MHRA Chief Executive Dr June Raine explains the process behind the Agency’s approval of the Pfizer/BioNTech vaccine
The year 2020 has been a difficult one for us all. As COVID-19 has affected almost every aspect of our lives, it has at times been hard to foresee an end. But last week, we reached an important milestone in our fight against the disease. On Wednesday, my Agency the MHRA announced the authorisation of the Pfizer/BioNTech COVID-19 vaccine for supply here, making the UK the first country in the Western hemisphere to issue an approval.
Before some 30 years at the MHRA and its predecessor, working on keeping medicines safe for the public, I was a general practitioner for 5 years. Patient safety has always been at the heart of my work. It has been no different for this vaccine, nor will it be for the others to come.
People rightly ask me how we achieved this outcome before others.
While the first batch of data from Pfizer was not submitted to the MHRA until early October, we began preparing our safety surveillance systems months before.
In early June, we set up an independent Expert Working Group to take some of the important safety work forward. In August, a second Working Group was formed with different expertise – this time to advise the MHRA on the benefits and risks of the COVID-19 vaccines in development. Formed from 48 experts from outside of the MHRA, these groups include virologists, epidemiologists, immunologists and toxicologists. It also includes lay membership.
In September, we started preparing our laboratories for ‘independent batch testing’ of this vaccine. Although the vaccine manufacturers carry out their own comprehensive testing regimes on the batches of vaccine they produce, it’s of vital importance that tests focusing on safety and quality are conducted independently, too.
In the UK, this independent testing is performed by the National Institute for Biological Standards and Control (NIBSC), which is part of the MHRA. Before any batch can reach the public, the NIBSC will conduct a rigorous assessment to check that it is consistent with characteristics derived from results for batches previously shown to be safe and effective in clinical trials, or routine clinical use. This work began in November.
COVID-19 vaccines, including this one, are being developed in a coordinated way that allows some stages of the assessment process to happen in parallel, allowing us to condense the time needed. The expected high standards of safety, quality and effectiveness are not compromised in any way. This ‘rolling review’ – a regulatory tool that allows us to review the data as they become available from ongoing studies, rather than waiting for it to be submitted as a full package– has been key.
There have been several submissions of data sent us to us by Pfizer/BioNTech since October. This means that we had already made good progress on our review by the time the final clinical submission was sent to us on the 23 November. This is why I like to think of it as climbing a mountain – months of careful planning and preparation; ready at the base camp when the interim data arrive; and when the final package arrives, we are ready to scale the peak.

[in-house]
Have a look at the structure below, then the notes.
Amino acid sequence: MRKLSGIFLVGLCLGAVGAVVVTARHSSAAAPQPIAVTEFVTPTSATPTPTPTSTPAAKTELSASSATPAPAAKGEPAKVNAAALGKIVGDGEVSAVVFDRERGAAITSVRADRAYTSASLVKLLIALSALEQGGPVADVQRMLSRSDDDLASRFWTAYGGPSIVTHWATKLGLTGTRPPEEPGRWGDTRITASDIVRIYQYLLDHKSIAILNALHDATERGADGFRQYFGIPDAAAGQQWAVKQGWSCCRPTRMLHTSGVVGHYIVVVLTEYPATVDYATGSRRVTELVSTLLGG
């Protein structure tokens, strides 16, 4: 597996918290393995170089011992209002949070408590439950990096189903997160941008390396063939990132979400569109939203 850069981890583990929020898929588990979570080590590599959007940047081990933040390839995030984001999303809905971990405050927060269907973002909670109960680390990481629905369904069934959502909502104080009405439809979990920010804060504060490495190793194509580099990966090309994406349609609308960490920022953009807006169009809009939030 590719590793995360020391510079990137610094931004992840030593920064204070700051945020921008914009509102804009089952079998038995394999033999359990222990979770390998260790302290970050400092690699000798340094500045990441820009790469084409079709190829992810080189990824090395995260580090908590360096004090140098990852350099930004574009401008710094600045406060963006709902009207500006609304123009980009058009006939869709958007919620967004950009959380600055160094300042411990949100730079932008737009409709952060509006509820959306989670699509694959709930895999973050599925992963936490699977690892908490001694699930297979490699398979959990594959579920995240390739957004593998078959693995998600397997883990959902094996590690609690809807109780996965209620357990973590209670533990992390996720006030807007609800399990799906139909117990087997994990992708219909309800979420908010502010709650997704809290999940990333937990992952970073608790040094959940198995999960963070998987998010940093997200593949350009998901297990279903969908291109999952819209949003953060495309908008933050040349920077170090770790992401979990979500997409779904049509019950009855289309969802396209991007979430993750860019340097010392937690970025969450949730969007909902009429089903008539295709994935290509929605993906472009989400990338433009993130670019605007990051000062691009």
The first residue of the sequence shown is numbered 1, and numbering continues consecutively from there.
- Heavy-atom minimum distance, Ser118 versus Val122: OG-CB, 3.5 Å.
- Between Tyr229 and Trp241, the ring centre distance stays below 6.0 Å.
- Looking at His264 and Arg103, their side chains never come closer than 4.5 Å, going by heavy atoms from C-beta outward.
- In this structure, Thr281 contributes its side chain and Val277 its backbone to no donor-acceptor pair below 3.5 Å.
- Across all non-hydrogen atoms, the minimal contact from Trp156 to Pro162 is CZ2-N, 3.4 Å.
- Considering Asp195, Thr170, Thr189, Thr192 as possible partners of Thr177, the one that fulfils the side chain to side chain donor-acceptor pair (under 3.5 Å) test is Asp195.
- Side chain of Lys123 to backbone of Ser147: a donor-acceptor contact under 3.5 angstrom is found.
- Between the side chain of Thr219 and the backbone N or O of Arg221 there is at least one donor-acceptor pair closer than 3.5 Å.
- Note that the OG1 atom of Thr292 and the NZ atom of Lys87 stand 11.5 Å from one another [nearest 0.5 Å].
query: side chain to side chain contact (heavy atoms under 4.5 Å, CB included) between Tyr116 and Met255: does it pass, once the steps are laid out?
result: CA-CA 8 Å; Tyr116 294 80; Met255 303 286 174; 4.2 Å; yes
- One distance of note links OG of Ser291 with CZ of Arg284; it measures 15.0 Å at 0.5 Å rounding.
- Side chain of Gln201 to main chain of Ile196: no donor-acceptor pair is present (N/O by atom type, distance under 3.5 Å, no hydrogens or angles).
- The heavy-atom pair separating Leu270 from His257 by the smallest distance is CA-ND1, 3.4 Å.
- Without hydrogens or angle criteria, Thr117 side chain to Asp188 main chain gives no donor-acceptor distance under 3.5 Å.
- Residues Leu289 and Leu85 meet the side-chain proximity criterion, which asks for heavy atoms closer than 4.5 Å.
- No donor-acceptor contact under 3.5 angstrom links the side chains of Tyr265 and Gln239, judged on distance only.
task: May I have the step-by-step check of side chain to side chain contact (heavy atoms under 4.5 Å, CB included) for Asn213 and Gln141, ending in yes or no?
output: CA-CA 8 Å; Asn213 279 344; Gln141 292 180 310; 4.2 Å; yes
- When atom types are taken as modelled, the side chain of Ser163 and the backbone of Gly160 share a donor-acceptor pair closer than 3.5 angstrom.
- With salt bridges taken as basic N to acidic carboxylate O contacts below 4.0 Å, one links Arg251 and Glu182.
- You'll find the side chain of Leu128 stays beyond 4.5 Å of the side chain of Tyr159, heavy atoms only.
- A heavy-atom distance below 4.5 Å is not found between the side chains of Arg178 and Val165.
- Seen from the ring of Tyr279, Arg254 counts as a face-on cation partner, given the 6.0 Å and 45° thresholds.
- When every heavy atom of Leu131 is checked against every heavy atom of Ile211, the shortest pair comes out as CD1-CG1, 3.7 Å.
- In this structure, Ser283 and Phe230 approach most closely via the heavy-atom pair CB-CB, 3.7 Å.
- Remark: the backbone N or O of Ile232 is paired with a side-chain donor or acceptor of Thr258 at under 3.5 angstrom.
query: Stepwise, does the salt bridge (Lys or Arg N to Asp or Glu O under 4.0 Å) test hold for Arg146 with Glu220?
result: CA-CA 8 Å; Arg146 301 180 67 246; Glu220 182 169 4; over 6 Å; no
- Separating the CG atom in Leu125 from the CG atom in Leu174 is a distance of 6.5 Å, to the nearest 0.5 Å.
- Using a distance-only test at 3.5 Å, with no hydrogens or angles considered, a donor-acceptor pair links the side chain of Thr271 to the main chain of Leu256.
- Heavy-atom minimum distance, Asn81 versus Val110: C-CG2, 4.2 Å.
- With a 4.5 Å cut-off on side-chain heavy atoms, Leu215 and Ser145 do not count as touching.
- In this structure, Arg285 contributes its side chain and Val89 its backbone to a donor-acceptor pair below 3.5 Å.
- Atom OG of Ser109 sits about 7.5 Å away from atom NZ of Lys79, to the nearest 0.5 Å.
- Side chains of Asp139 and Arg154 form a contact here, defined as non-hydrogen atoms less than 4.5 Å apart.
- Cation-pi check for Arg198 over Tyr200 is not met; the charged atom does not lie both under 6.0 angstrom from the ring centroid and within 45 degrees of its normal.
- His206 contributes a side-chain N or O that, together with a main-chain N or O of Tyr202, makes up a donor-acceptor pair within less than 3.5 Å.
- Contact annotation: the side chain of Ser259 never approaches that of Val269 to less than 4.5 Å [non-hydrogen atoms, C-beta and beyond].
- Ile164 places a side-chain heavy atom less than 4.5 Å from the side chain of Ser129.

As the data came in, our scientific and clinical experts robustly and thoroughly reviewed it with great scientific rigour. We pored over pages of information and data, looking at all aspects – from the laboratory studies to the clinical trials, and more. We looked at how the vaccine protects people from COVID-19, the level of protection it provides and how long for. We analysed the data on safety, its stability and how it needs to be stored. The list goes on. Our assessors have worked around the clock, reviewing hundreds of pages of data.
On top of this, we also have a range of experts inspecting the sites used across the whole lifecycle of the vaccine, from its initial development in a lab to its manufacture and distribution, once approved. Our inspectors work to legislation that incorporates internationally recognised quality standards.
Of course, no stone should be left unturned. And that’s why it’s important that we don’t just rely on our own analysis. So, once we have reviewed the data, we seek advice from the Government’s independent advisory body, the Commission on Human Medicines. They critically assess the data too before advising the UK government on the safety, quality and effectiveness of any vaccine.
On 1 December we received a letter from the Department of Health and Social Care asking us to authorise the Pfizer/BioNTech vaccine under Regulation 174, an EU provision introduced in national law that allows for the authorisation of a medicine in response to a public health need.
This means that, instead of having to go through the centralised licensing route of the European Medicines Agency (as most vaccines do until the end of the transition period), we were able to authorise the supply of the vaccine based on public health need, provided the batches meet specific conditions laid out by us. For those concerned about this, I can assure you without reservation that the standards we have worked to are equivalent to those around the world – no corners have been cut.
But our work doesn’t end there. As with any medicine, COVID-19 vaccines require continuous safety monitoring to ensure the benefits in protecting people outweigh any side effects or potential risks. The MHRA has responsibility in law to continuously evaluate all medicinal products on the UK market and this vaccine is no exception.
While this battle is in no way over, I hope that this decision, underpinned by months of scientific rigour and analysis, will bring hope to those who have seen some of their darker days during this pandemic. I also owe a huge debt of thanks to all those whose expertise, dedication and inspiring work have brought us this far on our journey.
The original article can be found on The Times’ website.